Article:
Critical Play on Balance: League of Legends


League of Legends is a multiplayer online battle arena where 2 teams of 5 will duke it out to destroy the enemies base first. It was developed by Riot Games in 2009, inspired by DOTA 2. I’ve been an avid league player for the last 10 or so years. It’s a game I can always find a way to come back to because of its deep strategy and interesting emergent gameplay, born out of the constant new decisions that are made every game. It inspires fun through the feeling of outwitting your opponent and conquering their base. When thinking about the games balance, however, its been anything but a smooth ride.

What’s To Balance

In each team of 5 players, each player will have 1 of 5 roles: attack damage carry (ADC), support, mid laner, jungler, or top laner. The games balance is shaped around a couple of different aspects. First, at the macro level, does it feel like there are ways for teams that are behind to come back? Are the objectives on the map fair and viable or do they punish or reward players too much once they’re acquired? Are the objectives as difficult to obtain relative to the amount of reward they provide? On the other hand, there’s the micro balancing: Are certains champions abilities too impactful or not impactful enough? Are certain items too strong or weak relative to their cost? Given a champions desired or emergent role in the game, do their abilities allow them to do that job well enough and are they competitive relative to the other champions that are in that role.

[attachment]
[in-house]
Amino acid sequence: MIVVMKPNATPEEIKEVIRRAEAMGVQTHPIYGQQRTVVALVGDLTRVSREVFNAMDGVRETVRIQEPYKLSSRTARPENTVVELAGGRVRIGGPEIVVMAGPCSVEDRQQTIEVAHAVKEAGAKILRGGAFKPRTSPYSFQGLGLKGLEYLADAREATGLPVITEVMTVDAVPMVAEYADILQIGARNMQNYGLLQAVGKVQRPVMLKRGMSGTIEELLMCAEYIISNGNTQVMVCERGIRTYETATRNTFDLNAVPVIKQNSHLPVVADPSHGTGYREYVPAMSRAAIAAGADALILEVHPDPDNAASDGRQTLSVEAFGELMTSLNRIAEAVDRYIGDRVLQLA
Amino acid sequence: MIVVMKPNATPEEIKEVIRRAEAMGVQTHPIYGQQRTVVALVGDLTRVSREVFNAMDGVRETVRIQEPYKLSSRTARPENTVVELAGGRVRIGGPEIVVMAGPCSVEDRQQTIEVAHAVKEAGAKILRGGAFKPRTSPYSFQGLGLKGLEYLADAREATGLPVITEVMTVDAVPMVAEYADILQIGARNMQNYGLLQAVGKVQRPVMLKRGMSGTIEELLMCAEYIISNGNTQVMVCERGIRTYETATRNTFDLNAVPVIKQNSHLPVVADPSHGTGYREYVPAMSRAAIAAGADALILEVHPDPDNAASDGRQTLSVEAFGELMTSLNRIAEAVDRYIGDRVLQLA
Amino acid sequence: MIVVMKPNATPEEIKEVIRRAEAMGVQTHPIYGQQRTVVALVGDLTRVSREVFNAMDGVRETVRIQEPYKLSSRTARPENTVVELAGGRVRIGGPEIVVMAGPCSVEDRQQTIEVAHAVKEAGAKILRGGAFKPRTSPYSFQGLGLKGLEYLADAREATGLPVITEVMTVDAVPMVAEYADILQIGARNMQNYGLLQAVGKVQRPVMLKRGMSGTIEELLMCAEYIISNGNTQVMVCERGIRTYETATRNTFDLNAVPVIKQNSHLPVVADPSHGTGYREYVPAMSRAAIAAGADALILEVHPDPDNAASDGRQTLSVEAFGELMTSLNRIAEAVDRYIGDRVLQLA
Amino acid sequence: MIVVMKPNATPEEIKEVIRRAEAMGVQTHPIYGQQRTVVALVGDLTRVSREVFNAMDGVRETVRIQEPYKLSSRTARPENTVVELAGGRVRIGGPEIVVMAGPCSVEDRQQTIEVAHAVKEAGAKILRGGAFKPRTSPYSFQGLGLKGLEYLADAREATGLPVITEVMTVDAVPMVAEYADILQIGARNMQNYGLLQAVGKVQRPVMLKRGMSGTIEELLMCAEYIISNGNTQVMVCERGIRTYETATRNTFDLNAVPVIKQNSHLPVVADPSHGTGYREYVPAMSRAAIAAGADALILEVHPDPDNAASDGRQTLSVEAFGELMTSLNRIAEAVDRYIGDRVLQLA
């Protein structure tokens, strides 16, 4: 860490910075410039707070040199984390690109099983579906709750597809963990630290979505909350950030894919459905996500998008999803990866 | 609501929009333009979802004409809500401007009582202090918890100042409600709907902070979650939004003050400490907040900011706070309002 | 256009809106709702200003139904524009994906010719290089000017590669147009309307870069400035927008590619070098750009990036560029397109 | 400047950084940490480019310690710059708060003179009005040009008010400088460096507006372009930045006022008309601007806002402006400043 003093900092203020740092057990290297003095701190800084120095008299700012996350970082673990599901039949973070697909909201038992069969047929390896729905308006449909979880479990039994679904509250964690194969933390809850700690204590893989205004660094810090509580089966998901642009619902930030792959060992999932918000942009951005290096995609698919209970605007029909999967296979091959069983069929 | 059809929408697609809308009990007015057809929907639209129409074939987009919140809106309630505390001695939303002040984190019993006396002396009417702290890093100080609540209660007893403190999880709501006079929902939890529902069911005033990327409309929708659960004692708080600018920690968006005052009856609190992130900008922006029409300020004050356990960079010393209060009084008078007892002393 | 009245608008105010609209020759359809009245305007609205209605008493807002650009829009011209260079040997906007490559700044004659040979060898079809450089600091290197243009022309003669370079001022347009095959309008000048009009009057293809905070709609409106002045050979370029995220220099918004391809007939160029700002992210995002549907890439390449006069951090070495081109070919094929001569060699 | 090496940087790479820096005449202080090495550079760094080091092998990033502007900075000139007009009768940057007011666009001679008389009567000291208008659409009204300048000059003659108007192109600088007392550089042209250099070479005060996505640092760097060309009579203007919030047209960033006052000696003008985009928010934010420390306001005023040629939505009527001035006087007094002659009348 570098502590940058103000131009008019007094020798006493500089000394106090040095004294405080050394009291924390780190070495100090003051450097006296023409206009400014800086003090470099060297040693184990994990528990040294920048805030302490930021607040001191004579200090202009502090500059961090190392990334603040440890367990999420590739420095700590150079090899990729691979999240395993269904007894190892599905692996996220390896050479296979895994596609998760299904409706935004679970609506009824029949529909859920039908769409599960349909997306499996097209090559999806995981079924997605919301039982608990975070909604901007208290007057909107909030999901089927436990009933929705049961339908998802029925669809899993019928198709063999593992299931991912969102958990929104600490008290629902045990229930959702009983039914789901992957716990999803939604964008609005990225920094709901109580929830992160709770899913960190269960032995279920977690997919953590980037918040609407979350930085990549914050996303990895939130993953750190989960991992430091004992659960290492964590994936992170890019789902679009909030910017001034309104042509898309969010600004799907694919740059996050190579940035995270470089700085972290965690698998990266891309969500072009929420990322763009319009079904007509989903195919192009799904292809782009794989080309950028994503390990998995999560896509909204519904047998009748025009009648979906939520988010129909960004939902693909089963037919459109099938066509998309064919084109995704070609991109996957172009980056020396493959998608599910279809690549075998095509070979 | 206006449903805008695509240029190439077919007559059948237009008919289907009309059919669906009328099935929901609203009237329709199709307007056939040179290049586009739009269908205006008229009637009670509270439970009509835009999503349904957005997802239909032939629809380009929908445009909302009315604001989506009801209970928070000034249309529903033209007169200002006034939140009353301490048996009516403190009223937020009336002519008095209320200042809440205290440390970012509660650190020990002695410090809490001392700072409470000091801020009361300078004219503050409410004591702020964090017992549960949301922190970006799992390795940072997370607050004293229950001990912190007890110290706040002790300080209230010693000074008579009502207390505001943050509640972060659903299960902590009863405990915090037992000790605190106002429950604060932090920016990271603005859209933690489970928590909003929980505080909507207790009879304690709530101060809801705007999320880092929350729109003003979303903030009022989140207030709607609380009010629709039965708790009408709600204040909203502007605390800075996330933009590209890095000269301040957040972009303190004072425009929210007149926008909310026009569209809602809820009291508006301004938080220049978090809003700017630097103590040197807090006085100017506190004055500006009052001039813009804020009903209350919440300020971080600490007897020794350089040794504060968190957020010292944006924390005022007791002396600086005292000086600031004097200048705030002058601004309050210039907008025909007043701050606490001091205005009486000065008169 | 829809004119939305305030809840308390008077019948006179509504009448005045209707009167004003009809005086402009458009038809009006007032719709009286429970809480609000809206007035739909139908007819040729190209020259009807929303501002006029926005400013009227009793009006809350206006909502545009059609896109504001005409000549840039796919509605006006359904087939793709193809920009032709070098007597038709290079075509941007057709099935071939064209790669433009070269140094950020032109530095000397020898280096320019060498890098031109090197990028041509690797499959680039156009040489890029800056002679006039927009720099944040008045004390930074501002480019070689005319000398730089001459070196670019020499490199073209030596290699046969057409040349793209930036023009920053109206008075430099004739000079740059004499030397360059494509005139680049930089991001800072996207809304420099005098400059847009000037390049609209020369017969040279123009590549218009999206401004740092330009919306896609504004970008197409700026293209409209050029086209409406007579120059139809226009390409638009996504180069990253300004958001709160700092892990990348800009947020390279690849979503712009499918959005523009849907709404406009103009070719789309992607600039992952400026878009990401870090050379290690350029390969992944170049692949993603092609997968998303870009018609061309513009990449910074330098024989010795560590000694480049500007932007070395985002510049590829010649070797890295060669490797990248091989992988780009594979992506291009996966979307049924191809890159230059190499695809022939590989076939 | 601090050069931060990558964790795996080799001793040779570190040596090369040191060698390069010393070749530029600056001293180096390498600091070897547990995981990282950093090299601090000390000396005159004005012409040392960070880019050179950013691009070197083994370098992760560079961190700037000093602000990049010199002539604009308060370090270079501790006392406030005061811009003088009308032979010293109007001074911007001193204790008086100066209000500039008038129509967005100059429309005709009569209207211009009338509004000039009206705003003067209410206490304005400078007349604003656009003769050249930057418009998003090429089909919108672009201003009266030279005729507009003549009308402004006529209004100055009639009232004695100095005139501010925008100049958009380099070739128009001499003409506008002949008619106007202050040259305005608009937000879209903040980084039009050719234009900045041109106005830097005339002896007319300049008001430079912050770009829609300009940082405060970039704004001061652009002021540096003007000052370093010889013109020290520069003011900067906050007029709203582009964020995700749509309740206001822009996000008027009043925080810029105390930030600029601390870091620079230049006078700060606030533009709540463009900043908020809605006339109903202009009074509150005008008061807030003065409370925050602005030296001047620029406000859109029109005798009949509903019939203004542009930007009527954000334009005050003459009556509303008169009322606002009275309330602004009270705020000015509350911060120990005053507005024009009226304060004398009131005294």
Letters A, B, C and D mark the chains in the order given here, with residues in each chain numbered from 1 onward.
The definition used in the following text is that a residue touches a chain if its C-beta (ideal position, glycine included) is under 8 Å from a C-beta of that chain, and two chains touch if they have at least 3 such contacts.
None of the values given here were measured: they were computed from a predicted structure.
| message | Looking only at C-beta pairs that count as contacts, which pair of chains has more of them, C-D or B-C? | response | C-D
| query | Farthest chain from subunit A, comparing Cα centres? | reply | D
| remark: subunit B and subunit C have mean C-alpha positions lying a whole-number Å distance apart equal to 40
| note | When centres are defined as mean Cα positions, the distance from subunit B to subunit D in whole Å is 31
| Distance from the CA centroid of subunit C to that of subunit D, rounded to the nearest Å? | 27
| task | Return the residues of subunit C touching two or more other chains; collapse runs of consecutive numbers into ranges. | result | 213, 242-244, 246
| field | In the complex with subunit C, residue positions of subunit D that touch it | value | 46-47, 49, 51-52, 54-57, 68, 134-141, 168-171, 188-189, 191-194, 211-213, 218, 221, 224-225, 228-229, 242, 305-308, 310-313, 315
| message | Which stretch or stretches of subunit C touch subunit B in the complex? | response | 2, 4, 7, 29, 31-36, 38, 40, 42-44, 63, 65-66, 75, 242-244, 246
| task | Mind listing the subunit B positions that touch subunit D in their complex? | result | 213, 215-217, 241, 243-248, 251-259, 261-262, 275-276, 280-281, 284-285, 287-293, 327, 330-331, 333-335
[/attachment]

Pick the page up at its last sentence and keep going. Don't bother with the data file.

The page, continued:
I’d argue that League of Legends does a good job of balancing the game. First and foremost, they release a new patch every 2 weeks, meaning they constantly take the opportunity to tweak something if the player base complains or if they notice its being overplayed. On a champion level, relative to whatever position you’re playing, almost any champion is truly viable so long as you take the time and skill to master the core strategic mechanics of the game. Although the individual abilities a champion has play a significant role, in the end the fundamentals of the game are what separate good from great players. This tips the balance away from “is the champions number too high” to “are you focusing on doing what you should be doing” which is much more fair for players. Every role in the game also feels equally impactful: although every role isn’t in charge of killing the other players, every single one is necessary whether that be to help your killers get to a point where they’re significant or help your team claim objectives that would cause the other team to be too powerful. At a macro level, they constantly tweak all the objectives, switching them from “this just makes it so you have a bigger stick than your opponent and you can now kill them easily” to “you have a strategic advantage, but you still need to know how to use it given the team composition you have”. Finally, they balance the game well through making team composition a significant factor. Although a champion may be strong, in the end that individual champion doesn’t matter if the rest of the team doesn’t play a significant role in the game.

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